Posted by: erica
Communicating with the other parent
In this section, we will talk about how you can communicate with your former spouse. Communication is the most important characteristic of a co-parenting relationship. Communication will take lots of patience.
(Cooperating with your co-parent shows that you care for your child).
Text Message- Good for quick communication, like time for drop off/pick up. Do not text about detailed topics or topics that need to convey emotion.
Telephone call- This can be useful if you can do so without having conflict. Dedicate a time to call the other parent.
Email- Can be used for quick and effective messages that keep a thread of your conversation. Agree with the other parent on how often you plan to check/respond to email messages. Make sure to keep your message short and use a specific subject line. Stepparents should not be included in email correspondence unless given permission. It might be helpful to create an email address solely to communicate with the other parent.
Child News Report- Your child’s news report could be a notebook that includes information to transfer between parents. Some information to include in this report: feeding, sleep schedule, moods, medical information, school events, disciplinary issues, developmental milestones, schedules, etc. Keep the other parent in the loop. This method works very well for infants.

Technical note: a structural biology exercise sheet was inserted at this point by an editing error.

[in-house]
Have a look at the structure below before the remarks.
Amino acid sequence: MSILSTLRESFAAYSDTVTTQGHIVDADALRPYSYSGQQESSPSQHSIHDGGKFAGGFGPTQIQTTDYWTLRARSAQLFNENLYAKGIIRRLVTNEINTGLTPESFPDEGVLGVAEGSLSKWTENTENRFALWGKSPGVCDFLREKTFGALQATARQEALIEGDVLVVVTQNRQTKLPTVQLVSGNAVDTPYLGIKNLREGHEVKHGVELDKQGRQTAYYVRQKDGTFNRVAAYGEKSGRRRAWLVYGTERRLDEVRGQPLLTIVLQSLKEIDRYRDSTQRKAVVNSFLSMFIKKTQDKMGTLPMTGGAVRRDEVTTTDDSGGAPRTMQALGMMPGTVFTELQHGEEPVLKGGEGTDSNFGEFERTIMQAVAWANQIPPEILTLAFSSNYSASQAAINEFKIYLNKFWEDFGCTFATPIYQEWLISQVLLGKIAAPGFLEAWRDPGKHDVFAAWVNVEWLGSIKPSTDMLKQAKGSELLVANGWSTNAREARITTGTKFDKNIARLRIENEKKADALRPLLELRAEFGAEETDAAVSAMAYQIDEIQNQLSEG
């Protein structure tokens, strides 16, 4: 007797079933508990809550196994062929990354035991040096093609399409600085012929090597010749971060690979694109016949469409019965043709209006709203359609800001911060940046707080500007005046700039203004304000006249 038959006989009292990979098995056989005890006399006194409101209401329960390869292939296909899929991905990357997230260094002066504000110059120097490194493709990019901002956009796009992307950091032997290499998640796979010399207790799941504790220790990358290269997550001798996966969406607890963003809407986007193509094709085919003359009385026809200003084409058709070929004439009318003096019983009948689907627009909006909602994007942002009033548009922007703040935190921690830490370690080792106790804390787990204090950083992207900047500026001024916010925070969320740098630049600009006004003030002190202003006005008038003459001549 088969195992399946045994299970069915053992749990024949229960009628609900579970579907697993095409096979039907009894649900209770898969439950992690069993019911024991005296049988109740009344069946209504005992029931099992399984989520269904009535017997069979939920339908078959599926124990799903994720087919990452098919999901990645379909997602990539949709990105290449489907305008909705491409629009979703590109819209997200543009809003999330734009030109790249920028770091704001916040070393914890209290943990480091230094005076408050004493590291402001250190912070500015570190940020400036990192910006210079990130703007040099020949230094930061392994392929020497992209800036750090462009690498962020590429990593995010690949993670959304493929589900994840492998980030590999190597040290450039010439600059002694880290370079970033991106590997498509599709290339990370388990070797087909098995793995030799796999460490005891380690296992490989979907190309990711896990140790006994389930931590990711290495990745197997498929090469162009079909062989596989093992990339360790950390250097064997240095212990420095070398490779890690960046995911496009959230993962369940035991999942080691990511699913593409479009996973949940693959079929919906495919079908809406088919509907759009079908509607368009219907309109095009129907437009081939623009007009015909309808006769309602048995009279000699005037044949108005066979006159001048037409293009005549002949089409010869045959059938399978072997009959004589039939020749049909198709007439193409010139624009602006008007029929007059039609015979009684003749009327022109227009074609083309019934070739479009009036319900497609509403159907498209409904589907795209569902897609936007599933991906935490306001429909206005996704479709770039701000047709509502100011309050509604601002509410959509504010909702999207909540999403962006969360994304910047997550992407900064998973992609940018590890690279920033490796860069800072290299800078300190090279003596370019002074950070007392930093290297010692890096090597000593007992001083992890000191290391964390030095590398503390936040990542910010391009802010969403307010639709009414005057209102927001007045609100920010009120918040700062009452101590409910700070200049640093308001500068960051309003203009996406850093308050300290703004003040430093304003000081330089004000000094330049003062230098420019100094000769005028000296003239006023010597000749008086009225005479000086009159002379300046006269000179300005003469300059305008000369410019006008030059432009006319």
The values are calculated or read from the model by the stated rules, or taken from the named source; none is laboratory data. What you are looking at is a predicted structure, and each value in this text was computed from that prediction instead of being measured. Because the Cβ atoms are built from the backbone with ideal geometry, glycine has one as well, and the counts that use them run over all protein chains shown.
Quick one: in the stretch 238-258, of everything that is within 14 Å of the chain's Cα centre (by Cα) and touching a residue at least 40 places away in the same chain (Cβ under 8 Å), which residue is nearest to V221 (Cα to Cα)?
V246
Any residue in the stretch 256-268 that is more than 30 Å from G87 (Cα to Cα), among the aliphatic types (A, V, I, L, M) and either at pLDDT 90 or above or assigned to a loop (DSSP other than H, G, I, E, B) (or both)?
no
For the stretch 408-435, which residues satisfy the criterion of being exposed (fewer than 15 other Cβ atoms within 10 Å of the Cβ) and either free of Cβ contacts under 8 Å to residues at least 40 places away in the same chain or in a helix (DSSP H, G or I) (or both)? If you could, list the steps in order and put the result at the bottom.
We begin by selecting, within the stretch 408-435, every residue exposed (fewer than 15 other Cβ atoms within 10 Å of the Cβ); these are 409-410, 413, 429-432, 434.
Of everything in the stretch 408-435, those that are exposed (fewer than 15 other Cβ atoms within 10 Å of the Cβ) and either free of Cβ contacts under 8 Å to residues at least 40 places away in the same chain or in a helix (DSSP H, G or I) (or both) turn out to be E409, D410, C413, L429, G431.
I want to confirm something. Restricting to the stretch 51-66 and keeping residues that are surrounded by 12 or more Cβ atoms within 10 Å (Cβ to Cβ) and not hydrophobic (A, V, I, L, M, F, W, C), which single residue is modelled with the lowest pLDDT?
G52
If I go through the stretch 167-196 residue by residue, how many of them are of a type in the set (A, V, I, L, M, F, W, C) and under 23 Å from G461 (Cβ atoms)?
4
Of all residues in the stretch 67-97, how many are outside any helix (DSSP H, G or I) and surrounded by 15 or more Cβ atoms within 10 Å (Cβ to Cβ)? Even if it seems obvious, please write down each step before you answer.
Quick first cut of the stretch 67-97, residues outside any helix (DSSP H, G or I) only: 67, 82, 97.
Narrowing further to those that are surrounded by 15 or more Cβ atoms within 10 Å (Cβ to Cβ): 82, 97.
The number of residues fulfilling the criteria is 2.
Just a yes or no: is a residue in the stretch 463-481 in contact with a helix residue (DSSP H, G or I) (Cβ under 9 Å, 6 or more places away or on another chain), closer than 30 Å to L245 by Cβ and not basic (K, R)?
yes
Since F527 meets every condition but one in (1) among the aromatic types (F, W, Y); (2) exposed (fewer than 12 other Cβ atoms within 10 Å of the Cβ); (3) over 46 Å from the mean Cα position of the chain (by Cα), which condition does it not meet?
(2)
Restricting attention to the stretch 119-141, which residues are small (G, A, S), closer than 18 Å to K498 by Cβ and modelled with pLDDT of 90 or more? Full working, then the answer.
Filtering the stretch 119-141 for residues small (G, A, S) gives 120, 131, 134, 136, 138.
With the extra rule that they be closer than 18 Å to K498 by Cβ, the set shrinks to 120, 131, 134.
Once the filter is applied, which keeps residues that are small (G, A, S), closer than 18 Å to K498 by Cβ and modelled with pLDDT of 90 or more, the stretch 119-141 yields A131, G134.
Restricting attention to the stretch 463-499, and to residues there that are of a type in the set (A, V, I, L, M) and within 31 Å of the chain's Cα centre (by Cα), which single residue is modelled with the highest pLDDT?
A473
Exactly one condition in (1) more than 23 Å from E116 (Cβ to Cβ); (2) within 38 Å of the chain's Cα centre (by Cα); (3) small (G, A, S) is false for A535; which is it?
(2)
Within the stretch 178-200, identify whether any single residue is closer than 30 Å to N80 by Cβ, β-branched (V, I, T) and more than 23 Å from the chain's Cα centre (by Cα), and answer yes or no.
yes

Communication About Medical Care- Try to keep your child’s medical routine the same. Both parents might want to be involved in the child’s medical visits however, both parents attending office visits might not be in the best interest of your child. Lack of communication could lead to conflict at the medical office. If a medical emergency occurs, you must let the other parent know immediately.
Communication About Education- You need to communicate specifics of your children’s schooling. For example, progress reports, school schedules, school contact information, online login information, and the child’s school planner. Parents need to provide both of their information listed in school records. Both parents should have equal opportunity. In case of an emergency, both parents should be on their child’s emergency contact list.
If the conflict becomes long-lasting, you can expect to see these adverse effects:
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